Solfege Exercises for Singers

solfege exercises

Today I’m going to show you another great solfege exercise based on the major scale. This time we are going to focus on the notes within a major chord. Do-Mi-Sol.

This is part 2 in a 4 part series. So in case you missed it, here is part 1- Solfege: A Beginner’s Guide

Solfege Exercises

In part 1 of this series, we practiced moving within the solfege scale in stepwise motion. Stepwise motion = moving from any pitch in the scale to either of its neighbors. For instance Do-Re-Mi-Re-Mi-Fa-Mi-Fa-Sol-La-Sol etc.. These intervals are small (1/2 and whole steps) and relatively easy to hear.

Solfege exercises





Larger intervals can be more difficult to hear and execute. The distance between Do-Mi is a major third, which is equal to 3 half steps. The distance between Mi-Sol is a minor third (slightly smaller), which is equal to 2 half steps.

A great way to get this pattern in your ear is to sing it in all twelve keys. (I take you through all twelve keys at the beginning of the video.) Here is the pattern written out in the key of C.


solfege exercises





Next, try adding in Do-Mi-Sol as you move around the scale in stepwise motion. For example Do-Re-Mi-Do-Mi-Sol-La-Ti-La-Sol-Mi-Do.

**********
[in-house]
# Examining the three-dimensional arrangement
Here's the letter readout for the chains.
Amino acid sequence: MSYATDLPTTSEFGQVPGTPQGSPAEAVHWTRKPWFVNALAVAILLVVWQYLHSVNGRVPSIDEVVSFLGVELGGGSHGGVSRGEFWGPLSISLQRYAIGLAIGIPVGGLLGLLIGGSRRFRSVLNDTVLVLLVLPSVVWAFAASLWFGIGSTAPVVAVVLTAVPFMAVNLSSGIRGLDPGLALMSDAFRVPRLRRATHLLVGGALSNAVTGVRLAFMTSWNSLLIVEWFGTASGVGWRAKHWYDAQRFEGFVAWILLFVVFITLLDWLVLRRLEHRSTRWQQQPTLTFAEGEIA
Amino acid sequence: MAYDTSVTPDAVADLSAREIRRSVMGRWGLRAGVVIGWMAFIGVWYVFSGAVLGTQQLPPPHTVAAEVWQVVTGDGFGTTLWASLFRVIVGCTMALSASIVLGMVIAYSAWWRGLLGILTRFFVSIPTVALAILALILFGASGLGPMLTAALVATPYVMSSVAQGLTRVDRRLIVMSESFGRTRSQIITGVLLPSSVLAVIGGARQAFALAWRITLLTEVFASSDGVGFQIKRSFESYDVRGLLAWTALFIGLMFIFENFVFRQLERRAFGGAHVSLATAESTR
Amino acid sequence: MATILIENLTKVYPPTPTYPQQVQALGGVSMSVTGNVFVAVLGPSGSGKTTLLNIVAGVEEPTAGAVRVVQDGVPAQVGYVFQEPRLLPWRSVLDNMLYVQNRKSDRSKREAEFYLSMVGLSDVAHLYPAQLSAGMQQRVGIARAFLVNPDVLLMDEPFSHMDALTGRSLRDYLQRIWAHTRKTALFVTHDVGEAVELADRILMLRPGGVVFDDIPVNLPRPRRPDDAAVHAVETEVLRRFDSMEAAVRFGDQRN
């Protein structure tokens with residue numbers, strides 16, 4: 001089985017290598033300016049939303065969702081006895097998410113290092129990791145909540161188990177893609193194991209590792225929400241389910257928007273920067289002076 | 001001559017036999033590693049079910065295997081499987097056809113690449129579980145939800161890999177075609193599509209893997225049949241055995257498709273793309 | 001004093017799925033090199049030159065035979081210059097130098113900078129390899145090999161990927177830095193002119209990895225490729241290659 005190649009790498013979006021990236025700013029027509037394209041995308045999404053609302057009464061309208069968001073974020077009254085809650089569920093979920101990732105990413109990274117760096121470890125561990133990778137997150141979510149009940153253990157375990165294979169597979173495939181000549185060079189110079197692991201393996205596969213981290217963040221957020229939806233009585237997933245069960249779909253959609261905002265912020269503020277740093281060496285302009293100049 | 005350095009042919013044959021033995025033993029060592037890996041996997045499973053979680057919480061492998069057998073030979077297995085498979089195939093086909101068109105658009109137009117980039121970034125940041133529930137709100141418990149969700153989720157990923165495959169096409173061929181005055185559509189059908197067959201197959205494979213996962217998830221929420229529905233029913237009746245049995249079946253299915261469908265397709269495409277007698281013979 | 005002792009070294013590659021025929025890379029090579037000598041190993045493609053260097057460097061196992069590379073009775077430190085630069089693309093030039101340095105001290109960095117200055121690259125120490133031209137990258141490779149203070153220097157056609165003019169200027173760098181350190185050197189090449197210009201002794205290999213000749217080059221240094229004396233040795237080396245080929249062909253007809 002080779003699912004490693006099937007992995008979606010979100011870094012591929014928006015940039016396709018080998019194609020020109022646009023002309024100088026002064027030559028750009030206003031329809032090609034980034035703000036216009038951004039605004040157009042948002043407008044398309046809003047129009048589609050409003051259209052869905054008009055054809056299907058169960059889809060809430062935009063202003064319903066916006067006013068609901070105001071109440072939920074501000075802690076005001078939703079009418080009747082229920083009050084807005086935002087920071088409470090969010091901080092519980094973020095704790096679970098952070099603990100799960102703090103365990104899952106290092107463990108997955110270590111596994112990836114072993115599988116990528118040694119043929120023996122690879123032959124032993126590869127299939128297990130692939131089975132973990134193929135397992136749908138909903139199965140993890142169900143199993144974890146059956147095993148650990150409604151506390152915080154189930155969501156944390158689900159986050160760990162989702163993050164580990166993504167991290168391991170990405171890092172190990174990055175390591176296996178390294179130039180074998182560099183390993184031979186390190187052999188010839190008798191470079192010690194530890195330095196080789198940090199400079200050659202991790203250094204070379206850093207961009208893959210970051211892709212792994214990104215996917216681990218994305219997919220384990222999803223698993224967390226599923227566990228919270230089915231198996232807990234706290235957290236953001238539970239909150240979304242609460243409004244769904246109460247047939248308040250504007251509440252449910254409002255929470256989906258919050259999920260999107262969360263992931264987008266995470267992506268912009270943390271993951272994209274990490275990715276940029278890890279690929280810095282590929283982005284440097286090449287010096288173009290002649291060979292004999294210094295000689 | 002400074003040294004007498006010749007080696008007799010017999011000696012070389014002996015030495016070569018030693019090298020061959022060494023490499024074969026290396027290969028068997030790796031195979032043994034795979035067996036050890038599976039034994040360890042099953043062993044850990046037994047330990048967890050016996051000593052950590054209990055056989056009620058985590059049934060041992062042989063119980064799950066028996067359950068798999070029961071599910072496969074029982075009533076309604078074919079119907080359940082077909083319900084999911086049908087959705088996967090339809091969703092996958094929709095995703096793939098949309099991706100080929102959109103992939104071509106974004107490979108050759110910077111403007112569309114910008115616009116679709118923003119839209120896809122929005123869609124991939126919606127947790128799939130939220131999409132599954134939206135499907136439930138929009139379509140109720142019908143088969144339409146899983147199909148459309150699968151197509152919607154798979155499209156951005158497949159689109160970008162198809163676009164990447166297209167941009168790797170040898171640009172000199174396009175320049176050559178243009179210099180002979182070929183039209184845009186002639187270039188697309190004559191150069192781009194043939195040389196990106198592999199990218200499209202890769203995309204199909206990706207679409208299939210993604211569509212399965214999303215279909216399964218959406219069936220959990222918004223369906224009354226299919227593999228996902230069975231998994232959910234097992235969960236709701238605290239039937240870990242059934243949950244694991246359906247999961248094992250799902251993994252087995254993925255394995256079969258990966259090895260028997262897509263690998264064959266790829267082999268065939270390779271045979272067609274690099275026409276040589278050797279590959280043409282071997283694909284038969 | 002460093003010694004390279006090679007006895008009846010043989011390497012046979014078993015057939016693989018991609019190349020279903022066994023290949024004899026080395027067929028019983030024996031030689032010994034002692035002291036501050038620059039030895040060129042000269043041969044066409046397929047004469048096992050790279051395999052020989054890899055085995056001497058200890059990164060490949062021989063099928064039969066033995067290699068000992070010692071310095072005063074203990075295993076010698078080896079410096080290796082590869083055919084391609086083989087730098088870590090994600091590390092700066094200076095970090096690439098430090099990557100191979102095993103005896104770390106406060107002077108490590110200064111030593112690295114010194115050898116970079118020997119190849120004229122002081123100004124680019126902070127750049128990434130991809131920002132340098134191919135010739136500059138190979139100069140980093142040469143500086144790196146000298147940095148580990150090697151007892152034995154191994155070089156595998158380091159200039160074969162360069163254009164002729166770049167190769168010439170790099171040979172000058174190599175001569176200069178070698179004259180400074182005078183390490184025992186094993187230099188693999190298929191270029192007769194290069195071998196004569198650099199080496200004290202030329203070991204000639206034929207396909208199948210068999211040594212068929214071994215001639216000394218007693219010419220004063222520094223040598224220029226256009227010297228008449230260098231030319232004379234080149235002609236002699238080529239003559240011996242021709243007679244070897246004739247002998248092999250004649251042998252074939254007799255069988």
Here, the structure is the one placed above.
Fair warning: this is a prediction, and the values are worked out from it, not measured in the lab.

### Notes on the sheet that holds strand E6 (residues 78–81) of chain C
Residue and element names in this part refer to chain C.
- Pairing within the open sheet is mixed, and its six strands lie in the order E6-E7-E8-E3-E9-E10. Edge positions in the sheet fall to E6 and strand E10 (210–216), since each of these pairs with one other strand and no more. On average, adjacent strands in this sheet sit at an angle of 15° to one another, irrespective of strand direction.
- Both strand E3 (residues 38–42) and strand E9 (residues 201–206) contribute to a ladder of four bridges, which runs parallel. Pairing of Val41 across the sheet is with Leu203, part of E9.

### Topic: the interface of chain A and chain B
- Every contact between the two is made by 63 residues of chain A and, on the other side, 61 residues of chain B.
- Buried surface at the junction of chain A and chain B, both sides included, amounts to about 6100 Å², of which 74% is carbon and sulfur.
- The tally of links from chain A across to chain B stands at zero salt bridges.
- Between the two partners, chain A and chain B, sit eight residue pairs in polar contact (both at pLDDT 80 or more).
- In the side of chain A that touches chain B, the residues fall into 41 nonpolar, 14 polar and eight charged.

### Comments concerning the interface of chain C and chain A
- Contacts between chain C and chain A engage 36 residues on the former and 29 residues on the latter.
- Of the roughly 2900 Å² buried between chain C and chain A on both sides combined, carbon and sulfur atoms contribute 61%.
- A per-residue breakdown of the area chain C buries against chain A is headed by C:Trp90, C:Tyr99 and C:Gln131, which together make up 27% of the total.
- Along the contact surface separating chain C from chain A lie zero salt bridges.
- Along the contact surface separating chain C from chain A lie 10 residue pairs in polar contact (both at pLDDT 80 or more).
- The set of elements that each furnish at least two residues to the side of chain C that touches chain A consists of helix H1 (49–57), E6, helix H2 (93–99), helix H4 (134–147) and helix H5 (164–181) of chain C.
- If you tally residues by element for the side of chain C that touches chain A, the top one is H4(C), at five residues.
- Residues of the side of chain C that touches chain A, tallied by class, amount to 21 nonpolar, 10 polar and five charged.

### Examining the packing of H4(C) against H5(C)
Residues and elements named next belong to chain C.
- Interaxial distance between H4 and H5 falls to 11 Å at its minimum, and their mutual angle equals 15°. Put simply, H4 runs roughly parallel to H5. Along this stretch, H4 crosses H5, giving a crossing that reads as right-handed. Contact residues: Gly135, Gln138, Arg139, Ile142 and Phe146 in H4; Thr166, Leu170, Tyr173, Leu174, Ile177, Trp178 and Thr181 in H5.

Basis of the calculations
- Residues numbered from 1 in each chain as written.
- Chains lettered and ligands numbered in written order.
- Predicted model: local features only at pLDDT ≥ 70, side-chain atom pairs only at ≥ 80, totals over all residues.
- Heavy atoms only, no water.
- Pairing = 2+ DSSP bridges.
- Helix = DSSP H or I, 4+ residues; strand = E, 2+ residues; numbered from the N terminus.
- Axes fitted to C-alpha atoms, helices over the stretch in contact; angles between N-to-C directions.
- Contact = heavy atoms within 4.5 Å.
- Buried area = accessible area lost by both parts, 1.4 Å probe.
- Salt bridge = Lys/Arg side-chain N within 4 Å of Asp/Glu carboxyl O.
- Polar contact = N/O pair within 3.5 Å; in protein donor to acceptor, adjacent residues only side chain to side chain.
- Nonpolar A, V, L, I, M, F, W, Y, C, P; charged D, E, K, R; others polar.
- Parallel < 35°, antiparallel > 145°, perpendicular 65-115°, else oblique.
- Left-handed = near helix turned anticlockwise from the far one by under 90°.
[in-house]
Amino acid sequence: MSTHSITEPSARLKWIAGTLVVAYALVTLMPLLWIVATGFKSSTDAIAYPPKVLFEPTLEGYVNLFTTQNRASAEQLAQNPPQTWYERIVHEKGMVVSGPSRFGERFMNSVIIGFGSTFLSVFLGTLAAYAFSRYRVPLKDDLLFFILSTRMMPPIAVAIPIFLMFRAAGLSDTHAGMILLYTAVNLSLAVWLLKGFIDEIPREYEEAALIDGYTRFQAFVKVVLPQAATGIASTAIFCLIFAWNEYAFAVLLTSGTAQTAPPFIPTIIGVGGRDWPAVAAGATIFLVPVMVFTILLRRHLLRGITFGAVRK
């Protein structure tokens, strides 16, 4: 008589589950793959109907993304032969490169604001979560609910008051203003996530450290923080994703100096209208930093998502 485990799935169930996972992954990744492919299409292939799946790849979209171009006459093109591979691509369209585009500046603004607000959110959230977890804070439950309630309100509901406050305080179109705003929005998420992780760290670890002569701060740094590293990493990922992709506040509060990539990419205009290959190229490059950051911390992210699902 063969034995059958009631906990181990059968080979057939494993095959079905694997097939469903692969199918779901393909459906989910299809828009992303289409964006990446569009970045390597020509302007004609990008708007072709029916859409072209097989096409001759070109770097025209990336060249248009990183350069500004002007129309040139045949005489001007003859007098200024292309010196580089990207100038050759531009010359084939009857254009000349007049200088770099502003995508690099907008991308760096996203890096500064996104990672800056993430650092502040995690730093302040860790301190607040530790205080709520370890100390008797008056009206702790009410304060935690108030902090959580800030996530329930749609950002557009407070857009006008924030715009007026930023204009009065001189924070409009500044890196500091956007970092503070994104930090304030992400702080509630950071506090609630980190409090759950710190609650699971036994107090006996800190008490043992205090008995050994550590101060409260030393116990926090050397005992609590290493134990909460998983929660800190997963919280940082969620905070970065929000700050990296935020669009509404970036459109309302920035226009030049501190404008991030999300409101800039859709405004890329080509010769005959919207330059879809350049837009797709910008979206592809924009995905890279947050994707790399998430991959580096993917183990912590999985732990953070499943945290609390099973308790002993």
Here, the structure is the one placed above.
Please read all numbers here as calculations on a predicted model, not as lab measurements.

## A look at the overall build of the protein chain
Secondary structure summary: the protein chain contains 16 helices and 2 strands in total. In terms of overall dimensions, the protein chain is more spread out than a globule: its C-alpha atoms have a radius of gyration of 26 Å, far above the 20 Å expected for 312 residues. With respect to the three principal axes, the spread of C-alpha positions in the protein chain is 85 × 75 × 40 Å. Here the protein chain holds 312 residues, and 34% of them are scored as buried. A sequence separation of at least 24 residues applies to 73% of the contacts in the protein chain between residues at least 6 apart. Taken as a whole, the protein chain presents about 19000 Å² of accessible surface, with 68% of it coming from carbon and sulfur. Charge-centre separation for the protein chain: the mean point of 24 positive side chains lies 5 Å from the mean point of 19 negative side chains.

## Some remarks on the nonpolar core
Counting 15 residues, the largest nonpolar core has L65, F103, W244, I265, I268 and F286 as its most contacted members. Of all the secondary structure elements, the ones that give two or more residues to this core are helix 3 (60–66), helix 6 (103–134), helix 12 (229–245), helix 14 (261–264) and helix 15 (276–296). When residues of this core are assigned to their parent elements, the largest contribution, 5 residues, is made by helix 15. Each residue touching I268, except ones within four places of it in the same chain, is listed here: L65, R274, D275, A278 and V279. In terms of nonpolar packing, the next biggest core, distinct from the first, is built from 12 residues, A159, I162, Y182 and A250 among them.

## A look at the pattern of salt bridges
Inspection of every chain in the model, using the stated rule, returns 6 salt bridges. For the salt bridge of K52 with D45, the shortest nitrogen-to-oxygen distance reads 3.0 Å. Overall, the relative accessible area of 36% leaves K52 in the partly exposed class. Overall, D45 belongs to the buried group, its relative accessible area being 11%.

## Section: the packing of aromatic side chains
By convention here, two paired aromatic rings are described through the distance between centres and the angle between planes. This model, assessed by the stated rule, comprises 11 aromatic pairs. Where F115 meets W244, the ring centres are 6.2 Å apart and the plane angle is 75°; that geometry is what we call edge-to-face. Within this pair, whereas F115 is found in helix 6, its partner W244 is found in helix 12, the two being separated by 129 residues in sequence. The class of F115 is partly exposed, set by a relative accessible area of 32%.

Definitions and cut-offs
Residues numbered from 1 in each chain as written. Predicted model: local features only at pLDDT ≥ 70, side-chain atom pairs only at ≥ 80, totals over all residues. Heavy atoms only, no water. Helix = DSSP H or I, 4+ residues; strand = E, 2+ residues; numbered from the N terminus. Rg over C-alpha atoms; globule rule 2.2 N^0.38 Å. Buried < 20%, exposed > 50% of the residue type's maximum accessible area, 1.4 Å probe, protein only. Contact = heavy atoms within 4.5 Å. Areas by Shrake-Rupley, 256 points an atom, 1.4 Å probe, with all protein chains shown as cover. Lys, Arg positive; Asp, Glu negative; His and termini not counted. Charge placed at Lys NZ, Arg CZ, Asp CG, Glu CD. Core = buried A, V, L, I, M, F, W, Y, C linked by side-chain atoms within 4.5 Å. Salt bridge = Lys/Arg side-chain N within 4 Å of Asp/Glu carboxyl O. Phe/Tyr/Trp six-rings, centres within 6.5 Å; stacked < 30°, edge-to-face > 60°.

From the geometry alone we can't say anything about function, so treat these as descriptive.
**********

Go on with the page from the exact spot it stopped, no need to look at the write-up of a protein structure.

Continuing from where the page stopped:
Not hearing it? Don’t worry, this will take a little practice. Play the notes that you are having trouble hearing on the piano or virtual keyboard. Practice in the key of C to keep things simple. I’ll show you how here- Learn How To Sing And Play The Major Scale

What Are Benefits of Ear Training With Solfege Exercises?

Actively working on your pitch will elevate your artistry as a singer. Even when something is just a little bit out of tune, most listeners can feel that something isn’t right. When you have control over the technical aspects of your voice (pitch, breathing, tone, rhythm), you can become a much more effective emoter and communicator. Telling a story and expressing yourself, moving people with your voice; these things are much easier to do when you are singing beautifully in tune.

Enjoy your practice and stay tuned for part 3!





  • Brian Borin

    Reply Reply January 29, 2016

    Hi! I found your website as I was looking for exercises to do with my elementary music classes. Just wanted to let you know that I spotted something you’ll want to correct: There are 4 half steps in a major third and 3 in a minor third, not 3 and 2 half steps as the paragraph indicates. Nicely done video!

    • Meghan Nixon

      Reply Reply February 10, 2016

      Awesome! I hope this video was helpful. I do these exercises with my young students all the time. It improves their ears really quickly.

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